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He's not unemployed, but someone filed for benefits in his name. Where are your tax dollars going?

The Texas Workforce Commission has identified 396 fraudulent claims since Jan. 1, with 58 percent of them happening in April.

DALLAS — With more than 33.5 million Americans out of work, many are desperately trying to get unemployment benefits.

Scott Collins is not one of them. He has never applied for unemployment benefits.

Yet Collins received a notice from the Texas Workforce Commission about his application for unemployment benefits. It included his name, employer and social security number.

Credit: WFAA
Scott Collins

“Yeah, so it was really pretty scary,” said Collins, who does not know who filed on his behalf or how the scammer got his personal information “But I’m pretty sure I’m not alone in this,” he said.

He’s right.

The Texas Workforce Commission is dealing with a spike in fraudulent unemployment claims. The commission has identified 396 fraudulent claims since Jan. 1, with 58% of them happening in April.

“Historically, when disaster unemployment insurance is made available TWC usually sees an increase in fraudulent claims,” said commission spokesman Cisco Gamez.

Credit: WFAA
Cisco Gamez, Texas Workforce Commission

“We do have tools in place to detect high-risk, suspicious claims and we work with employers to verify and check those," Gamez said. "So whenever possible we are making attempts to minimize the amount of fraud that potentially could happen."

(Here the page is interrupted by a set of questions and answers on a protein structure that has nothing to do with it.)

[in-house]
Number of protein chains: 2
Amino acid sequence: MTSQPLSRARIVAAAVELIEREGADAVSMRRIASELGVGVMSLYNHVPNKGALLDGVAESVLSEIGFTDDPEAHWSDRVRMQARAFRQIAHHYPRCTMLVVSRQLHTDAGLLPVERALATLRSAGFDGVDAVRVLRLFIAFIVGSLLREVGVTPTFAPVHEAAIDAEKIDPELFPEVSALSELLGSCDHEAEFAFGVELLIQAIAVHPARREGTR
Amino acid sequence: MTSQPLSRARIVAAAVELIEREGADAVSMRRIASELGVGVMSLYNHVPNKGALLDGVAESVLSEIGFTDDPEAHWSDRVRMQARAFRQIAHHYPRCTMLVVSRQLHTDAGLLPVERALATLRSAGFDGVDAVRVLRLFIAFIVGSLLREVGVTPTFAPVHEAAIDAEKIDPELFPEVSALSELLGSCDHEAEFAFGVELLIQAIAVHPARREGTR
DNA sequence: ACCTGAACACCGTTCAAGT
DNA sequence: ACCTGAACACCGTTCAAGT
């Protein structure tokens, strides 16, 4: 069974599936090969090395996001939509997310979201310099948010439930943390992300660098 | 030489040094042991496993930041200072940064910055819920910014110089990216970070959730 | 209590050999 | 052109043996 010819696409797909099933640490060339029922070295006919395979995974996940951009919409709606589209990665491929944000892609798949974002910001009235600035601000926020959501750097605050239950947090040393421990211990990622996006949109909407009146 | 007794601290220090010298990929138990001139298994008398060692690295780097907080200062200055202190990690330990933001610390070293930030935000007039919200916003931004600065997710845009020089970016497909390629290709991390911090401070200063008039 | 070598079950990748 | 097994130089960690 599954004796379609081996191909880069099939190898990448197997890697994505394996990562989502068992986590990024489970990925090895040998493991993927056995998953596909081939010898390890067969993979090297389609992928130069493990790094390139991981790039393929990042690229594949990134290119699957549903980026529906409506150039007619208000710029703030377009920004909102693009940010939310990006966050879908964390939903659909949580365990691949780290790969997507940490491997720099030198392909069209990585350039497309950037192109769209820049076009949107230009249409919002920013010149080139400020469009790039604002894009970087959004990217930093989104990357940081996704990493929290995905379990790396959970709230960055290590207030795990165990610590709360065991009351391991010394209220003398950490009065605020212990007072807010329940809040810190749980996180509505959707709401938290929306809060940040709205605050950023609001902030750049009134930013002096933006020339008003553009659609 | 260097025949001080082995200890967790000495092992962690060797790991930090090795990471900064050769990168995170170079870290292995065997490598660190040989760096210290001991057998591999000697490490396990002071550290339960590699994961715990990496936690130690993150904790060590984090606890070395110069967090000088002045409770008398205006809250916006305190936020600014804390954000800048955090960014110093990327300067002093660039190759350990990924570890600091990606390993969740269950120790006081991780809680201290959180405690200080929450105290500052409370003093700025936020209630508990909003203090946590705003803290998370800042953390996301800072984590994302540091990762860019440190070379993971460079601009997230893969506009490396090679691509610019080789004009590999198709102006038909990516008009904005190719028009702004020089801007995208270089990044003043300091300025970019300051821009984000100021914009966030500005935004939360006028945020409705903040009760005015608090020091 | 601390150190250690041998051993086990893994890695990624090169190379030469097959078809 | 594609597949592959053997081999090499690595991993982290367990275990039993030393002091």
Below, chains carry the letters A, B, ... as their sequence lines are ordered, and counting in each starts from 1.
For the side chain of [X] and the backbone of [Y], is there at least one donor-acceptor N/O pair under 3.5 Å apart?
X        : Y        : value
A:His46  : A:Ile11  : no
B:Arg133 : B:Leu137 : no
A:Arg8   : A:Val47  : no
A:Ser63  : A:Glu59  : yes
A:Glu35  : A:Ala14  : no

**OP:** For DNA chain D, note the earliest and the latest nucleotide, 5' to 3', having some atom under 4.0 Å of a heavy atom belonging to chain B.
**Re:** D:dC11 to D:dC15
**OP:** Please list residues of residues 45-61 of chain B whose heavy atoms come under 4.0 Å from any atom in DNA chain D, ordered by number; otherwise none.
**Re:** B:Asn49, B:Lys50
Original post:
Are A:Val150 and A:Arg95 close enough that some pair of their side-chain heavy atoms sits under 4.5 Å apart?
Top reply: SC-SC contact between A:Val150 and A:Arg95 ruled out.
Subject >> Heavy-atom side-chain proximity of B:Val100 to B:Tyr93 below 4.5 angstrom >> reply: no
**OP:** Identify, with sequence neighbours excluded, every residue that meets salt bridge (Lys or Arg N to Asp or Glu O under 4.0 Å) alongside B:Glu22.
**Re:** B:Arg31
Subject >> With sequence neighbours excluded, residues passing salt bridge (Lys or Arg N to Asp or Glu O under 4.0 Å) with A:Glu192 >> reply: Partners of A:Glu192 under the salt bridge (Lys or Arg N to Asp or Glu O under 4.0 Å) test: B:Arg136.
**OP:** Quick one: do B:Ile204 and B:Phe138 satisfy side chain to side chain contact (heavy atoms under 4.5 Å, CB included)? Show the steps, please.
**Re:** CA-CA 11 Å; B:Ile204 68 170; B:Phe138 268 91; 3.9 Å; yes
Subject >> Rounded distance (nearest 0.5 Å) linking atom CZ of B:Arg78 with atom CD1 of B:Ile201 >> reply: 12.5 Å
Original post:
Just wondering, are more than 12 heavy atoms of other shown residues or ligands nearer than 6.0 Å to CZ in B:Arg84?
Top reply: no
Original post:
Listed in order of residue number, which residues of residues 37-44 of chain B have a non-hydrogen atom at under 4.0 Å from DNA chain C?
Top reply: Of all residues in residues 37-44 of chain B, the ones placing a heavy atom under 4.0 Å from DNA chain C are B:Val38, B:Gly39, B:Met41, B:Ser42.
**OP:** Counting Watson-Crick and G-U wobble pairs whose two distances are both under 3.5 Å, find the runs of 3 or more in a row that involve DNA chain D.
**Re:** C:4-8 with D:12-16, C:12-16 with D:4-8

Gamez said the TWC has a dedicated email address to report fraud: TWC.fraud@TWC.state.tx.us.

But Collins says more should be done.

“The phones aren't being answered. I tried five different numbers at TWC and every single number went straight to a busy signal,” Collins said. 

“People are taking advantage of the situation that is overwhelming the system and obviously the system wasn't ready for the looters to sneak in through the back door," he said.

So what's the number one thing you can you do to keep from becoming a victim of identity theft?

“Take really good care not to click on links (you) don't know or trust to be legit and not to visit websites (you) don't know or trust to be legitimate,” said John Ansbach, a Dallas-based information and cyber security expert who works for Aon Cyber Solutions, a global security firm.

“That's really good hygiene, but really important right now, with so much scamming and theft activity that's happening,” Ansbach said.

To find out more about what you can do to protect your identity during the Covid-19 crisis, here's more from John Ansbach:

Got a question or a tip? Email: investigates@wfaa.com

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